In a weird sort of way Donald Trump has this capability as well, and even stranger, so does Vladimir Putin. They do have a subtle difference though, much like Jeremy Corbyn, they know how to play their ‘base’. They rarely look to perform in enemy territory.
This is the direct benefit of having a large, trusted and totally predictable base that they play to and perform to. As we can see from recent events, that is perhaps never enough on its own.
Over time, those they never bother trying to connect with can bring them down.
Hilary Clinton was probably the object lesson in how to throw it all away, despite an overwhelming lead, because she was a technocrat with zero EQ and an inability to empathise with large audiences, despite being able to do it well on a one-to-one basis.
Optimism is a Force Multiplier
If all we bring to the problem is hope, then we have made a positive difference already.
Today, leadership is no longer about rank or hierarchy, leaders can be found anywhere, to prove the point, the ideal leadership role models for today are mothers at home.
Most mothers have exceptional emotional intelligence and an empathy with all whom they support, nurture and lead. This is far different to a learned skill or ‘competency’, it’s a way of life – the natural order of things. And vitally, it’s just what is required in terms of leadership in these volatile times.
More inclusive and connected leaders are the way forward and we have a huge and largely untapped reservoir of leadership talent readily available – women.
The perennial question that is always asked about leadership; are leaders born or are leaders made? I put it to you, that the answer is neither. Leaders are not born and they are not made – they are found.
When we start looking for those who can influence and persuade without authority, we know we are on to something.
So, what should we look for in a leader?
- Those rare people who share their vulnerability, in order to embolden others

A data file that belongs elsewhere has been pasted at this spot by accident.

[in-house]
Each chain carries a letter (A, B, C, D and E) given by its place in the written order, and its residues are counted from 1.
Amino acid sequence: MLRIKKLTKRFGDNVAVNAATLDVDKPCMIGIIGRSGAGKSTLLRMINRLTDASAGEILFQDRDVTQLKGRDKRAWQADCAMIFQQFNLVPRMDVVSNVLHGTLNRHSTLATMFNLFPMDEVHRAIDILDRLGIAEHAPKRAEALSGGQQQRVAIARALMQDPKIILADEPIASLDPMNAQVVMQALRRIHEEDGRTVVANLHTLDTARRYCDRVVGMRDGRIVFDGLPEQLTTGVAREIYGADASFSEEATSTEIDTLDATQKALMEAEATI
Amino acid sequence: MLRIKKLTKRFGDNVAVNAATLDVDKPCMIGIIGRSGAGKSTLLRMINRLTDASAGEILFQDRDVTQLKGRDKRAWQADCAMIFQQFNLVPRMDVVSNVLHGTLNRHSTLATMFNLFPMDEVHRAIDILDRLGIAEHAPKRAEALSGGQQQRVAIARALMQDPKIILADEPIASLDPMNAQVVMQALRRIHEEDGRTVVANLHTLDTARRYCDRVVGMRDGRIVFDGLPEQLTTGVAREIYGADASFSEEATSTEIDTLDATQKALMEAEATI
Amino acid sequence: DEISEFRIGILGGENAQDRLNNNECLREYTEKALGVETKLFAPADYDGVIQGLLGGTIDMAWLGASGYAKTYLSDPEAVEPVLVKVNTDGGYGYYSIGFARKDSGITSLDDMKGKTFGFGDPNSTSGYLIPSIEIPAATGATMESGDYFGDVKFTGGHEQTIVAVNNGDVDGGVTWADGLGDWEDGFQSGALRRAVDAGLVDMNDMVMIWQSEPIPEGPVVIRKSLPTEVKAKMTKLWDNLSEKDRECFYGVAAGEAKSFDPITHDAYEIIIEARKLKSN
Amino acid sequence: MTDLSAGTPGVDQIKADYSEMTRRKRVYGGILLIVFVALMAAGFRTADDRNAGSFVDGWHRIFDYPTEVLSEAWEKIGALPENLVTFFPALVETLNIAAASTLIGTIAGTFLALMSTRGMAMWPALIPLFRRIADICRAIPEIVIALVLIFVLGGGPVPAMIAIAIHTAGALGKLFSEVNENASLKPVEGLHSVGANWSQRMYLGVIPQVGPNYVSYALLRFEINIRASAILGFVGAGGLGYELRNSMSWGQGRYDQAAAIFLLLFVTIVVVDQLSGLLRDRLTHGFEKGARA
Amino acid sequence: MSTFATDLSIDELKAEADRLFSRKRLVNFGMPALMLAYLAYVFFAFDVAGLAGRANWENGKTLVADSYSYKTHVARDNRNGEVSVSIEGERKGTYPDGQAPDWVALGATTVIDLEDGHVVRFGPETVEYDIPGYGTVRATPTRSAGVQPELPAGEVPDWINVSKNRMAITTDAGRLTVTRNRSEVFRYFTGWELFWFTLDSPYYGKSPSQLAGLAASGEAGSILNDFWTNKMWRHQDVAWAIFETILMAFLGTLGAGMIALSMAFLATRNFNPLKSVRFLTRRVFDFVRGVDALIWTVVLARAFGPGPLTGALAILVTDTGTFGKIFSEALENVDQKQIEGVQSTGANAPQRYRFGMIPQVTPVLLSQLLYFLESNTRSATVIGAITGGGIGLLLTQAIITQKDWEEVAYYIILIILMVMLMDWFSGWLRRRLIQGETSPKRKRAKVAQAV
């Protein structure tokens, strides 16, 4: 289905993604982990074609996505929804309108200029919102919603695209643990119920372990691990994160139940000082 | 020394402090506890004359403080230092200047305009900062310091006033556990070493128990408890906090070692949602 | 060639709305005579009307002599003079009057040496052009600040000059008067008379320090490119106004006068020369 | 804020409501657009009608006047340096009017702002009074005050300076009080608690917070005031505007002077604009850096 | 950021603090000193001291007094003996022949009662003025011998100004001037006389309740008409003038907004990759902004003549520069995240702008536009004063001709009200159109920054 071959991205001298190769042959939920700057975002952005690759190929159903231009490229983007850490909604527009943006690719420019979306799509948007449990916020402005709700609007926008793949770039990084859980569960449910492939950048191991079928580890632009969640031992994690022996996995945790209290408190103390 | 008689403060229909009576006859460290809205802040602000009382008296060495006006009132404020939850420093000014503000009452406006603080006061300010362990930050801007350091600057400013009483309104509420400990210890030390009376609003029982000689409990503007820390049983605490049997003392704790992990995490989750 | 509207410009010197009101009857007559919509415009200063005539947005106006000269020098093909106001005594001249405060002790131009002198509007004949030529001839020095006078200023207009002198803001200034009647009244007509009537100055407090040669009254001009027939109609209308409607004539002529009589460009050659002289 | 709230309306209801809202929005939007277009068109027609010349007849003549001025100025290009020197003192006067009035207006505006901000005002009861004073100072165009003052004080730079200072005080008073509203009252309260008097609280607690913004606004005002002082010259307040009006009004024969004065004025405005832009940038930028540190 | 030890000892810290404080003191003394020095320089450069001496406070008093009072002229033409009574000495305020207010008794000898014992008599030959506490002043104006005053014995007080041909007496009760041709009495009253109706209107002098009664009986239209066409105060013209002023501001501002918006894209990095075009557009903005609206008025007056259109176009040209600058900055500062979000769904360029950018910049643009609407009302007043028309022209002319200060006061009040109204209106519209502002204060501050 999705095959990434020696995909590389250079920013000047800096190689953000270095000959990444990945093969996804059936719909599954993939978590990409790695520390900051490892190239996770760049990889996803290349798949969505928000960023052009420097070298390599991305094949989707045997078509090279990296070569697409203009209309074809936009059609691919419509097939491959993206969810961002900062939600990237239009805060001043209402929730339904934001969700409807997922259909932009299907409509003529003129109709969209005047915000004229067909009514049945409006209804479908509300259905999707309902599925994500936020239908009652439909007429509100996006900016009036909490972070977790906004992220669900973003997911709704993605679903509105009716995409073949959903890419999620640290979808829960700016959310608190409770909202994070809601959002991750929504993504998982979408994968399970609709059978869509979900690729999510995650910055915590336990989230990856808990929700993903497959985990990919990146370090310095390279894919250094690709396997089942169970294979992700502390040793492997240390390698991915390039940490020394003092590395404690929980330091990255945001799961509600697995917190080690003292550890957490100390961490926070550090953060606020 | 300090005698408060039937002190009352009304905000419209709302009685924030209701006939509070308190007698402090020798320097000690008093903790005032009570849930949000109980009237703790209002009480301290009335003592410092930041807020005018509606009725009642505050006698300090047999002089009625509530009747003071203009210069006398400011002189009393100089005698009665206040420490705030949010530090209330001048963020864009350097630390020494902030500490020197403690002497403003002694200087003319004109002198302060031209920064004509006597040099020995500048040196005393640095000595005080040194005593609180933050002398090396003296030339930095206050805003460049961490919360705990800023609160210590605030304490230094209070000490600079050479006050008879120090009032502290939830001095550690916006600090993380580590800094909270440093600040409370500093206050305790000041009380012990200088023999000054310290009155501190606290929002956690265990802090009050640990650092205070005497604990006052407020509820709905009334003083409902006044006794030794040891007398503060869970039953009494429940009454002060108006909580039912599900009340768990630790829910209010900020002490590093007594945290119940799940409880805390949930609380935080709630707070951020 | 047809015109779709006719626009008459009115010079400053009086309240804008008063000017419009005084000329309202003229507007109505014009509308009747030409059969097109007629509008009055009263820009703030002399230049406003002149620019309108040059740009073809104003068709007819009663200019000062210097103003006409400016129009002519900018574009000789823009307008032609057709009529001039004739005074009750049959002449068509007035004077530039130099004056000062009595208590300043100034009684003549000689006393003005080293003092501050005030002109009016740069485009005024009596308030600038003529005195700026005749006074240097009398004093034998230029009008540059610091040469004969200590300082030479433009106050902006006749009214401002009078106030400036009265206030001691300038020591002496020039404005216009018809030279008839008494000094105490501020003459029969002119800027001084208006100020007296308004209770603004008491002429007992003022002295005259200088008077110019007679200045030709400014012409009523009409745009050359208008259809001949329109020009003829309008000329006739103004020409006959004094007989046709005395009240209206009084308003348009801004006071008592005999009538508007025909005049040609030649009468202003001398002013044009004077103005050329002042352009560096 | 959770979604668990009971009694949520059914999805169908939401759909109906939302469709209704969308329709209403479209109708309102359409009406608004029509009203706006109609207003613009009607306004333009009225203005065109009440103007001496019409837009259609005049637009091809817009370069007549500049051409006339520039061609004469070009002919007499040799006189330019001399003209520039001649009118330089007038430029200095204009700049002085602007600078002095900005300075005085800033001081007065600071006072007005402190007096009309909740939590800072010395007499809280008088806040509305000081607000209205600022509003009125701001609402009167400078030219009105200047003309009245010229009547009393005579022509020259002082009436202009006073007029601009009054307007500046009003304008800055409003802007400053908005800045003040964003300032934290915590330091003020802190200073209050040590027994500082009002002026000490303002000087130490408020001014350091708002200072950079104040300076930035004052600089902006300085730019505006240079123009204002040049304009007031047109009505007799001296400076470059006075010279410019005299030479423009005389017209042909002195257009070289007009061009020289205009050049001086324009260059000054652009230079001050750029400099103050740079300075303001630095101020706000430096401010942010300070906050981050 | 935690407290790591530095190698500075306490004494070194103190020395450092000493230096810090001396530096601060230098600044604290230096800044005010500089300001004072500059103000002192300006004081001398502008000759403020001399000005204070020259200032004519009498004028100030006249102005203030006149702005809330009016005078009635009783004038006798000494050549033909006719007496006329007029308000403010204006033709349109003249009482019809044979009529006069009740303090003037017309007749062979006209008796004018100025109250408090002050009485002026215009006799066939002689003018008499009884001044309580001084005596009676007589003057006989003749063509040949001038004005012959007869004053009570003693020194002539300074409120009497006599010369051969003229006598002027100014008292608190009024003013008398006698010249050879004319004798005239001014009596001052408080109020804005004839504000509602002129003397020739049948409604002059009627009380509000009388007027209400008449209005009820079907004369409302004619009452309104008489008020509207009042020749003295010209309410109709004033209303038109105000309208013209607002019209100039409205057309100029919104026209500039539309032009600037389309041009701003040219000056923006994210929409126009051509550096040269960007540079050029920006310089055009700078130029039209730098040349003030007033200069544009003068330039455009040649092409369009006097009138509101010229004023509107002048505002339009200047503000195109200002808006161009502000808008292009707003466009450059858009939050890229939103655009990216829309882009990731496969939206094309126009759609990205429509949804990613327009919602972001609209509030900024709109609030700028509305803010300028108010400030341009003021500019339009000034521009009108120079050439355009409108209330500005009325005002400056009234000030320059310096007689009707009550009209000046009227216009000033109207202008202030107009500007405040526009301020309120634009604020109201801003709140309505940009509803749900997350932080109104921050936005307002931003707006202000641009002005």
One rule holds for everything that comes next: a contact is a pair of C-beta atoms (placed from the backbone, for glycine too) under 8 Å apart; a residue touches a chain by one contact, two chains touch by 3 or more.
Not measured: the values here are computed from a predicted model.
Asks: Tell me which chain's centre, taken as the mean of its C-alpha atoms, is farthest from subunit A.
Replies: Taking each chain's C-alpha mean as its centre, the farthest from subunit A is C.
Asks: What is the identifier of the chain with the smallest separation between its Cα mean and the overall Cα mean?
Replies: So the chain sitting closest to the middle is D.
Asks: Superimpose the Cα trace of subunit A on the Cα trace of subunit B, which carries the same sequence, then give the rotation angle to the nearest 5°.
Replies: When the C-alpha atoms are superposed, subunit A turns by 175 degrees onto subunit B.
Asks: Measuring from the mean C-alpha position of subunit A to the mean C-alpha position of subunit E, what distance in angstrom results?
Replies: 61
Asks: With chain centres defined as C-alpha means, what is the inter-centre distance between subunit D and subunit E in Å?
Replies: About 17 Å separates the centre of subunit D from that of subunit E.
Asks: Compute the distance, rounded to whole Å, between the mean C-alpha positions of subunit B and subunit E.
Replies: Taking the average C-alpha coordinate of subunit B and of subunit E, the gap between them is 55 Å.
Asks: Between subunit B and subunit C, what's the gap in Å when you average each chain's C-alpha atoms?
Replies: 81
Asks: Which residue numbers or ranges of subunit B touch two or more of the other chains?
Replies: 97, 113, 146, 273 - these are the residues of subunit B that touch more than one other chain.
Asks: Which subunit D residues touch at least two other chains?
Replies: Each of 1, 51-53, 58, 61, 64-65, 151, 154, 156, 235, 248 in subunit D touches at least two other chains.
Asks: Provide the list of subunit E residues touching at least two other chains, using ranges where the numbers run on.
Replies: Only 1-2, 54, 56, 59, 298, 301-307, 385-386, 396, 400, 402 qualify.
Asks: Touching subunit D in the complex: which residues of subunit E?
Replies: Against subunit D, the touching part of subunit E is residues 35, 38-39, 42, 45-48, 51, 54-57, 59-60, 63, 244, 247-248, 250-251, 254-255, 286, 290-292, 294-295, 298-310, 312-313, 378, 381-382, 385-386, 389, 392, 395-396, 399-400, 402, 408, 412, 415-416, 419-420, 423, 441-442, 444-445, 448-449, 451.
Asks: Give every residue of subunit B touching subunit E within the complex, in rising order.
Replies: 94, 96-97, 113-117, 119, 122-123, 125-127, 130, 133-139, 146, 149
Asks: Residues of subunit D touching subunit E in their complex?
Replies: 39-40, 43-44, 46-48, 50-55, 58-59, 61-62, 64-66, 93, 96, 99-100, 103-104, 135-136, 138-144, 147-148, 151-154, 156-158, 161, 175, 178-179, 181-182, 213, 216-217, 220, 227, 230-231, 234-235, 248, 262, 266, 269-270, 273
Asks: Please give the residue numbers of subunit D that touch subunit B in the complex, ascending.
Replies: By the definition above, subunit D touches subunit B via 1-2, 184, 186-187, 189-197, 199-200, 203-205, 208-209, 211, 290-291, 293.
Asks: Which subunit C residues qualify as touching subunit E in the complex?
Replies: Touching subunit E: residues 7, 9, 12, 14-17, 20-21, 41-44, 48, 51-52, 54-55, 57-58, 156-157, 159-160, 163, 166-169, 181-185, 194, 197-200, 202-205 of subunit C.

- Those who have become comfortable being uncomfortable in open forums
- Look beyond the job title and the status to find those who can persuade and influence others
- The courage to say what they mean and mean what they say
- The ability to make the complex appear simple and straightforward
- They clearly share and understand our pain and discomfort
- They make us feel that they are there for us – not themselves
- When it gets messy and scary, they are always there to support and lead us
- They know when to just get out of the way
- When we feel weak and disempowered, they turn up to inspire us
Well, some may think that’s quite an intimidating list of superpowers, but it really isn’t.
We all have these capabilities inside of us when we are in the safe environment with our loved ones. Once we get comfortable being who we really are outside of the safety and unconditional support of our loved ones, the leader inside of us starts to emerge.
This is not an applied skill to learn, it’s having the courage (and support) to bring your authentic self to all you do.
Who would have thought that an African-American man, trained as a lawyer at Harvard, who had spent his formative years as a community organiser would emerge to become the President of the USA? Through his ability to connect in an inclusive manner, he navigated the nation through the toughest and steepest global recession seen in generations.
Give me EQ and positive energy over IQ and pristine strategy every single time.
There’s only one thing worse than no leadership and that is poor leadership.
What were the conditions that encouraged or forced you to take the lead and it all turned out well?
My guess is that there’s a huge clue in your answer to finding your very own and unique leadership code.